Students who speak languages other than English are a growing presence in U.S. schools. These students need assistance in learning academic content in English as well as in developing proficiency in English. This course is designed to provide an understanding of the instructional needs and challenges of students who are learning English in the United States. This course explores a variety of theories, issues, procedures, methods and approaches for use in bilingual, English as a second language and other learning environments. It also provides an overview of the historic and current trends and social issues affecting the education of English language learners. Priority given to students either enrolled in or planning to enroll in the student teaching program. This course requires weekly fieldwork in public school classrooms. Enrollment limited to 35.

Spring

EDC 342 Growing Up American: Adolescents and Their Educational Institutions (4 Credits)

The institutional educational contexts through which adolescents move can powerfully influence their growth and development. Using a cross-disciplinary approach, this course examines those educational institutions central to adolescent life: schools, classrooms, school extracurriculars, arts-based organizations, athletic programs, community youth organizations, faith-based organizations and cyber-communities. We investigate what theoretical and socio-cultural perspectives shape these educational institutions and how these institutions serve or fail the diverse needs of American youth. This course includes a service learning commitment and several evening movie slots. Enrollment limited to 35.

Fall, Spring, Variable

EDC 346 Clinical Internship in Teaching (8 Credits)

Full-time practicum in grade K-12 schools. Open to seniors only and offered in two sections. Section 01 is offered to students who have completed the prerequisite courses for elementary student teaching. Section 02 is offered to students who have completed the prerequisite courses for Middle/Secondary student teaching, and includes a weekly companion seminar for students completing a full-time practicum at the middle or high school level. Department permission required. {S}

Spring

EDC 347 Individual Differences Among Learners (4 Credits)

Examination of individual differences and their consideration in the teaching-learning process.This course requires weekly fieldwork in classrooms supporting individual learners. Prerequisites: EDC 238. {S}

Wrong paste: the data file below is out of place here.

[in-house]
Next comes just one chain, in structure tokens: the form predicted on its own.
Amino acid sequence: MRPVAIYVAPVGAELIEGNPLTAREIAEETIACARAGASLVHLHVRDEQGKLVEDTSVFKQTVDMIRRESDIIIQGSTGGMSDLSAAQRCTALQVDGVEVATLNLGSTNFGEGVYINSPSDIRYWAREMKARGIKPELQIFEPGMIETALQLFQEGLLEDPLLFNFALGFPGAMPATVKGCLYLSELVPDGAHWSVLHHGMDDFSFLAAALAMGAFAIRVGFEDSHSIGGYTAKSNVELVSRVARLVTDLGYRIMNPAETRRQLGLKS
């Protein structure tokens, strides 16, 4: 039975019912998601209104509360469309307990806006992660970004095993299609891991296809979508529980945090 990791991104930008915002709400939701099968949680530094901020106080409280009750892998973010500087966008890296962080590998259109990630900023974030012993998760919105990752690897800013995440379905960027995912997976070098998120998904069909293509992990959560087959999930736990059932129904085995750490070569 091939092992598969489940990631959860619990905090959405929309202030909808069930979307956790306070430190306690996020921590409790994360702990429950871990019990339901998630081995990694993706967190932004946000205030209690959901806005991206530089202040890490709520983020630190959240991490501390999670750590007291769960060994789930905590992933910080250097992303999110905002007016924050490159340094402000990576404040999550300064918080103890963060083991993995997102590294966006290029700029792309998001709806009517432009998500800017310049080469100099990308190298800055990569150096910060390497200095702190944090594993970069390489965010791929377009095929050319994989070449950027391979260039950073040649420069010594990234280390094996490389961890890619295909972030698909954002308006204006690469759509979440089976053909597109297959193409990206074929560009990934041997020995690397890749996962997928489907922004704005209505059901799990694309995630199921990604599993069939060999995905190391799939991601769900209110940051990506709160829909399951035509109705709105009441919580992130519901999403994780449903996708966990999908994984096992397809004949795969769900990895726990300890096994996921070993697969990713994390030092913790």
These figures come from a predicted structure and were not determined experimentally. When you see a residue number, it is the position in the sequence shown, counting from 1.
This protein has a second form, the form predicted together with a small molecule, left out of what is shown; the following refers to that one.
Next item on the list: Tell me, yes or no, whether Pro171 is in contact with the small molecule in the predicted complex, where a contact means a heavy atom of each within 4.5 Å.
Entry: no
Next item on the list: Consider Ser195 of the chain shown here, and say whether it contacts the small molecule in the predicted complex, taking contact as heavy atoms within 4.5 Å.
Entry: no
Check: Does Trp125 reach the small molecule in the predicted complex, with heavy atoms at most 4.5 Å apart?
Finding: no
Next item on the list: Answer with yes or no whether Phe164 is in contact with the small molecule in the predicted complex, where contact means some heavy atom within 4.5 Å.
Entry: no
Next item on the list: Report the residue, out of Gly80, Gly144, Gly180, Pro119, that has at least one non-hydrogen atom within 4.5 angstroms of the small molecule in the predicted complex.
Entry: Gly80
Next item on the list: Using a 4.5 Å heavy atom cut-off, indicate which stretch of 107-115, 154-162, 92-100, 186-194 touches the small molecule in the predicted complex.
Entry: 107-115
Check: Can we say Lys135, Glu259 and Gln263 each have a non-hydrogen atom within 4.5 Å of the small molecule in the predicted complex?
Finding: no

Fall

EDC 352 Methods of Instruction (4 Credits)

Examining subject matter from the standpoint of pedagogical content knowledge. The course includes methods of planning, teaching and assessment appropriate to the grade level and subject-matter area. Content frameworks and standards serve as the organizing themes for the course. Corequisite: EDC 352L. Department permission required.

Fall

EDC 352L Secondary Student Teaching Practicum Lab (1 Credit)

This lab accompanies the secondary student teaching internship course EDC 352. The focus of the lab will be the examination of student teaching dilemmas for discussion and reflection. Student teachers will be introduced to key topics germane to their internship while examining the student teaching experience. The course will bring together content knowledge, professional dispositions/caring, instructional methods, assessment strategies, collaboration, diversity, classroom management, and technology. In this lab, student teachers will also reflect on teaching and their plans for future learning, and work on building the portfolio of teaching required for state licensure. Only open to students in Smith's teacher education program. Corequisite: EDC 352. S/U only. (E)

Fall

EDC 390 Colloquium: The Teaching of Science, Engineering and Technology (4 Credits)

Breakthroughs in science, technology and engineering are occurring at an astounding rate. This course focuses on providing the skills and knowledge needed to bring this excitement into the classroom. Students explore theories on student learning and curriculum design, investigate teaching strategies through hands-on activities and discuss current issues. Although the focus of the course is to prepare middle and secondary school teachers, other participants are welcome: the ideas help develop communication and learning skills that prepare one for a variety of careers. Not open to first years. Enrollment limited to 20. {S}

Spring

Additional Programmatic Information

Advising

Students should choose their advisers, according to their interests, from the department faculty.  When you are ready to declare a Biology major or minor and need an adviser, please fill out our Biology Department Advising Form.  

Prospective majors should consult with biology faculty in choosing their courses.

Study Abroad Adviser: Each student should consult their major adviser for any necessary study abroad information and signatures.

A quick guide to the Biology Major (for LAA advisors and first-year students) can be found here.  

Director: Nathan Derr

430d Thesis
8 credits
Full-year course; offered each year

432d Thesis